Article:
Thursday, February 25, 2010
The AARP Magazine, for March/April 2010, has a major story by Mary A. Fischer, “Love is (not) all you need; to provide for loved ones who need long-term care, too many older Americans are resorting to extreme measures; it doesn’t have to be that way”, link here.
The article surveys the difficulties many families face with long-term care, discusses the federal Medicaid lookback rules (for passing on assets), and goes into some concepts in the process, such as “community spouse” and “spousal refusal.” With some couples, the legal situation encourages divorce so that the ill spouse is legally impoverished and qualifies for Medicaid. But in some cases the “community spouse” (the well one) can keep half the savings after spend down.
The article argues that Medicaid should focus more on assisting with in-home care or community care and less with nursing homes (for custodial care), institutions could eventually become saturated.
The article goes into the attempts in four states – Florida, Oregon, Wisconsin, and Connecticut, to provide funding to help people stay in their homes as long as possible.
The story gives the details for some families, and stresses that extreme disability occurs in some families at relatively early ages.
The article gives as a source the National Council on Aging, link.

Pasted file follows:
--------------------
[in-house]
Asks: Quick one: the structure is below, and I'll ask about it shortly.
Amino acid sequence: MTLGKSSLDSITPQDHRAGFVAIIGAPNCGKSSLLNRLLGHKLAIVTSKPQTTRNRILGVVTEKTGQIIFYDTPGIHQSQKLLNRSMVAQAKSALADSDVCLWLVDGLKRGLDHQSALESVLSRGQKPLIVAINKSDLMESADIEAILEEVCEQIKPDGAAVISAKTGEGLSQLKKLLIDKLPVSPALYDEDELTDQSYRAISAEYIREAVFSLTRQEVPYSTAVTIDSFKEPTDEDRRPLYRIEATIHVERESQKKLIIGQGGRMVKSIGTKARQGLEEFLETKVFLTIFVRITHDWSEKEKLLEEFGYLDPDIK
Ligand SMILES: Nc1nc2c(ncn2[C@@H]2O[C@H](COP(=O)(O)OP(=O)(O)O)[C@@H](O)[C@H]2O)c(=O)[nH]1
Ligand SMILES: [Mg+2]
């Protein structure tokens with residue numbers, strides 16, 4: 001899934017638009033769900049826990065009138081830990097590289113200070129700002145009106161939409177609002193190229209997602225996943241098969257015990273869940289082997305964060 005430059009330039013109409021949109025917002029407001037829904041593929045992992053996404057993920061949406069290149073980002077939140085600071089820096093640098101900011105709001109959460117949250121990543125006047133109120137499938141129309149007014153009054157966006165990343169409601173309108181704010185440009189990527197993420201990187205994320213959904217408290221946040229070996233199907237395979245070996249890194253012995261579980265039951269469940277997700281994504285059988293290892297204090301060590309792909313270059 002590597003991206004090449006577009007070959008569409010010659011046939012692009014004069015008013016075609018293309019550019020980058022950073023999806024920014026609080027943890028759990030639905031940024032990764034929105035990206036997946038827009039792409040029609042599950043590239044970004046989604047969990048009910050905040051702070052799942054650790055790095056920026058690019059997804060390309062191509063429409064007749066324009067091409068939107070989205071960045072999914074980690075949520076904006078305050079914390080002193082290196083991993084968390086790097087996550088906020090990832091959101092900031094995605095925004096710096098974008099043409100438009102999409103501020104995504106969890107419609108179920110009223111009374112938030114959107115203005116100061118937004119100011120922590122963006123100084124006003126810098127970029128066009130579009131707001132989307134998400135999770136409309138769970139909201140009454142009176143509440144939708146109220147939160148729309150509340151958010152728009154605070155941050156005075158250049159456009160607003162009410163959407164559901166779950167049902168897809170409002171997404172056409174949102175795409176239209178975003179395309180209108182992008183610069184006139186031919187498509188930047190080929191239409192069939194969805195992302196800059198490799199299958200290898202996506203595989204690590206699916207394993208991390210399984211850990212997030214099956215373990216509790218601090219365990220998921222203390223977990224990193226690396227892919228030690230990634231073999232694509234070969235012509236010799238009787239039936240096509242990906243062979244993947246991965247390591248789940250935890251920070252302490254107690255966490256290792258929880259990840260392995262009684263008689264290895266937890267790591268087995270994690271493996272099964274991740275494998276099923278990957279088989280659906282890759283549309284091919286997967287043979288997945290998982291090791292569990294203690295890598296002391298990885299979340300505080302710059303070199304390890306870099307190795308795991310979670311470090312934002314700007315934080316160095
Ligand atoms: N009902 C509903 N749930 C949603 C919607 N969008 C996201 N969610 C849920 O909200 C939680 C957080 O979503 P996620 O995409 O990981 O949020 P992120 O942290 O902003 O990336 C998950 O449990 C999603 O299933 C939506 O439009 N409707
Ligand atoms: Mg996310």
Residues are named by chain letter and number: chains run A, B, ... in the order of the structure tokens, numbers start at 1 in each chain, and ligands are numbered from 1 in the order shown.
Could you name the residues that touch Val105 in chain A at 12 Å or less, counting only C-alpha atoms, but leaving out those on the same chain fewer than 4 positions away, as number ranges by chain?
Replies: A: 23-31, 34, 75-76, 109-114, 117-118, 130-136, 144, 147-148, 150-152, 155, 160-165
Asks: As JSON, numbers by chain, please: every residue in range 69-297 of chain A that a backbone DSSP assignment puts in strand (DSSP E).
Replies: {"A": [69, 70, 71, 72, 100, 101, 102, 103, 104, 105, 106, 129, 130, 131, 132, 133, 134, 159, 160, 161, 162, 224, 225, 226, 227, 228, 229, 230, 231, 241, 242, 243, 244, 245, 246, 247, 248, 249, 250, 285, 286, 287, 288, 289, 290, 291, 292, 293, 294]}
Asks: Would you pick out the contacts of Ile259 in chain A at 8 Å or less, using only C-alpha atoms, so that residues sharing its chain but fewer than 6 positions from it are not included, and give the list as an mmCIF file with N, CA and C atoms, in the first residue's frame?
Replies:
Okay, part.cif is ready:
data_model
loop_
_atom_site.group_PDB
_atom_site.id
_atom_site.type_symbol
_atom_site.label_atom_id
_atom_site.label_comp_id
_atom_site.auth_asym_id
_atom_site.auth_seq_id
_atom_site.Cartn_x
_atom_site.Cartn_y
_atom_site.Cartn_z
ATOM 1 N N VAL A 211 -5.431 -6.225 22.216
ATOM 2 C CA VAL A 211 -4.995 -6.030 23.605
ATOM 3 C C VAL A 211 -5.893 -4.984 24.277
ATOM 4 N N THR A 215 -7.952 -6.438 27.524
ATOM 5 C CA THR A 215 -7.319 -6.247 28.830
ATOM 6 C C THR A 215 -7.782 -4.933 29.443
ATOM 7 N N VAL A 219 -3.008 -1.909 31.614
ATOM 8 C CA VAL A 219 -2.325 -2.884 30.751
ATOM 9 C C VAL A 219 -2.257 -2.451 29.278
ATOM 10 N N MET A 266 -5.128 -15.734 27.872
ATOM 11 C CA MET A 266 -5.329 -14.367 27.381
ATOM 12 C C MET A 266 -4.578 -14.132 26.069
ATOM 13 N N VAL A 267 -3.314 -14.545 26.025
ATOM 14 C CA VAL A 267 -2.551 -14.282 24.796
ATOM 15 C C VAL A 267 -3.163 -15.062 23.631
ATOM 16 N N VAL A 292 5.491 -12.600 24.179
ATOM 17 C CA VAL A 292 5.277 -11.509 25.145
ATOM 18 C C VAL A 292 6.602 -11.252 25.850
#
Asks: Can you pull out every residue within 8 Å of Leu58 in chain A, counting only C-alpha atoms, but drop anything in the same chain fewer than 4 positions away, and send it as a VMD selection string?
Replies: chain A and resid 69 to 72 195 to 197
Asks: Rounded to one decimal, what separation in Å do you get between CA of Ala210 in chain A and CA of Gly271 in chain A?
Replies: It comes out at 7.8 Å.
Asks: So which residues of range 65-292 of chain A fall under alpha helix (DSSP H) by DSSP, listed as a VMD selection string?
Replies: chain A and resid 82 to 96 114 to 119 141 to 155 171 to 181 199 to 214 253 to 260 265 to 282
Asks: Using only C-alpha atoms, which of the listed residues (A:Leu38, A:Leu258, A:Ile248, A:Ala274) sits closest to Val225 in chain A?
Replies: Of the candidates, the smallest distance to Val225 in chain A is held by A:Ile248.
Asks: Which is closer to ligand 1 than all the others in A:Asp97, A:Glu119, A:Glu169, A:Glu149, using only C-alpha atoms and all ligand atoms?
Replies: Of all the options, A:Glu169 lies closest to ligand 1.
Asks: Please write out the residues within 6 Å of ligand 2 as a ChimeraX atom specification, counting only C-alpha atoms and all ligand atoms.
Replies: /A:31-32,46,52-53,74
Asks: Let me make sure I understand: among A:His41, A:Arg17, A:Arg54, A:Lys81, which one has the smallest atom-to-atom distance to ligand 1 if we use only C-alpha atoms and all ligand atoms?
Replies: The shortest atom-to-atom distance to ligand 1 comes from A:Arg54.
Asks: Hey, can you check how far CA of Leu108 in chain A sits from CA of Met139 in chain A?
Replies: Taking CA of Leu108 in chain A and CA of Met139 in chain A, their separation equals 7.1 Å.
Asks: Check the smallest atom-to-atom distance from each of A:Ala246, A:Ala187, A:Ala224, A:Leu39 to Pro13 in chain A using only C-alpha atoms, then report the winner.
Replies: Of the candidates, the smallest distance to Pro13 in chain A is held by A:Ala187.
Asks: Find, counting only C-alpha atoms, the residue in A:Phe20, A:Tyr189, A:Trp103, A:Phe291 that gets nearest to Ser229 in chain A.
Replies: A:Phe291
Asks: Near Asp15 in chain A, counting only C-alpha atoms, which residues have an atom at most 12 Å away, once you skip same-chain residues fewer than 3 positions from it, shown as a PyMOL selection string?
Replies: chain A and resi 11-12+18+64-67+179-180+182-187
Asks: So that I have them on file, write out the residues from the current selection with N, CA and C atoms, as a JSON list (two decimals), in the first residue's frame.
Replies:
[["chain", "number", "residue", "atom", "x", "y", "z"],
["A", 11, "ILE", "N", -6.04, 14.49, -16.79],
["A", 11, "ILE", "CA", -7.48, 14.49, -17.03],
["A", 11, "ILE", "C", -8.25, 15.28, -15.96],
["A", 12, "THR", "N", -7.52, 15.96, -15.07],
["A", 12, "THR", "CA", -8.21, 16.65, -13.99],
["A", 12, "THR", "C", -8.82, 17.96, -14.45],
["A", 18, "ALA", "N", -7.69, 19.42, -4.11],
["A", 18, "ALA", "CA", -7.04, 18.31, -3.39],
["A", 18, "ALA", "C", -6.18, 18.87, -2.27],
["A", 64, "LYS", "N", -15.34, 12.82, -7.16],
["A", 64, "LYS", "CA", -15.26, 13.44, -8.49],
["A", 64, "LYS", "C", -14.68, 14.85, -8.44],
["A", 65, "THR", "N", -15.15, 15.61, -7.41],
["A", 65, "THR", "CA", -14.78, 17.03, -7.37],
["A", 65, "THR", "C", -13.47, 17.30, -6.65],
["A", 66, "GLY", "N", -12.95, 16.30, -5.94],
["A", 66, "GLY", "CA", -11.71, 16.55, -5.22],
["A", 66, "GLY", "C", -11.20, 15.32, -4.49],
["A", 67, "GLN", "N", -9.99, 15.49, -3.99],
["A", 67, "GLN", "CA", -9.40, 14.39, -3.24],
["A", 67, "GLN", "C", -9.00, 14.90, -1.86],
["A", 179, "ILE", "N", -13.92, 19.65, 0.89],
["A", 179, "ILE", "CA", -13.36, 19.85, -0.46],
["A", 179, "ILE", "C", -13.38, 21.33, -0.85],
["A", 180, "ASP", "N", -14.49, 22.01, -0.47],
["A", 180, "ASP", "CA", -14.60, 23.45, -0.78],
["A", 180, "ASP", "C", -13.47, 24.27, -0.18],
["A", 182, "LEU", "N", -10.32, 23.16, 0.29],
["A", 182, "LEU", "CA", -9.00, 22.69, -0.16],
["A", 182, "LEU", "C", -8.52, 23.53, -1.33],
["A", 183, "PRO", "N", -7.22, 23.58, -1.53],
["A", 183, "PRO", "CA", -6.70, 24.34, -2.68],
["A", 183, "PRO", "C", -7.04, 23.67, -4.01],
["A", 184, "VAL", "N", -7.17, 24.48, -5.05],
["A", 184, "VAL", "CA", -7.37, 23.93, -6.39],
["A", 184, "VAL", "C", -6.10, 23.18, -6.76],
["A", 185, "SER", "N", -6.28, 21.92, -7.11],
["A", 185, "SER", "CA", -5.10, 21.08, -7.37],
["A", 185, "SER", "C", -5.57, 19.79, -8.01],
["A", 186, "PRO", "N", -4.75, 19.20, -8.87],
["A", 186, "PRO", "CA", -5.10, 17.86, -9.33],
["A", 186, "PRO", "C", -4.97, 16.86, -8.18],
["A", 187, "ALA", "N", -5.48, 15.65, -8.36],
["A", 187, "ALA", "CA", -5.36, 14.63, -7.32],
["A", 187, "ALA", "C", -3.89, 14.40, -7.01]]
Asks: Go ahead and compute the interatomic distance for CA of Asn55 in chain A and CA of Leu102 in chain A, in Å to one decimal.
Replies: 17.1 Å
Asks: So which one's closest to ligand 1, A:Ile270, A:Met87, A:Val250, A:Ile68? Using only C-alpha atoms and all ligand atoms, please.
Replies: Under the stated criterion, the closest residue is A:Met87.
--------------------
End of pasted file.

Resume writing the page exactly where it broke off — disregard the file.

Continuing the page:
The article also discusses the proposed Community Living Services and Assistance Supports Act of 2009, the CLASS Act, link here.
The 2009 bill is HR 1721 introduced by Frank Pallone, D-NJ, with govtrack reference here.
The article did not go into filial responsibility laws, or “poor laws”, on the books in about 28 states. But some countries, including Germany and Japan, apparently provide much more support for eldercare than does the U.S.
Thursday, February 18, 2010
The Washington Post has an editorial today, Thursday, Feb. 18, “The Mixed News about State and Local Pensions”, link here. So, it won’t be so bad, or will it? States have about 84% of their $2.8 trillion long term obligations, but there is heavy concentration of shortfalls in a few states (New Jersey and Illinois), as well as a lack of taking into account the Crash of 2008.
The main link for the “Pew Center on the States” report seems to be (web url) here, title “The Trillion Dollar Gap: Underfunded State Retirement Systems and the Road to Reform.”
Tuesday, February 16, 2010
Medicare allows less than 25% of the list price for typical outpatient surgery (this is why the uninsured go bankrupt!)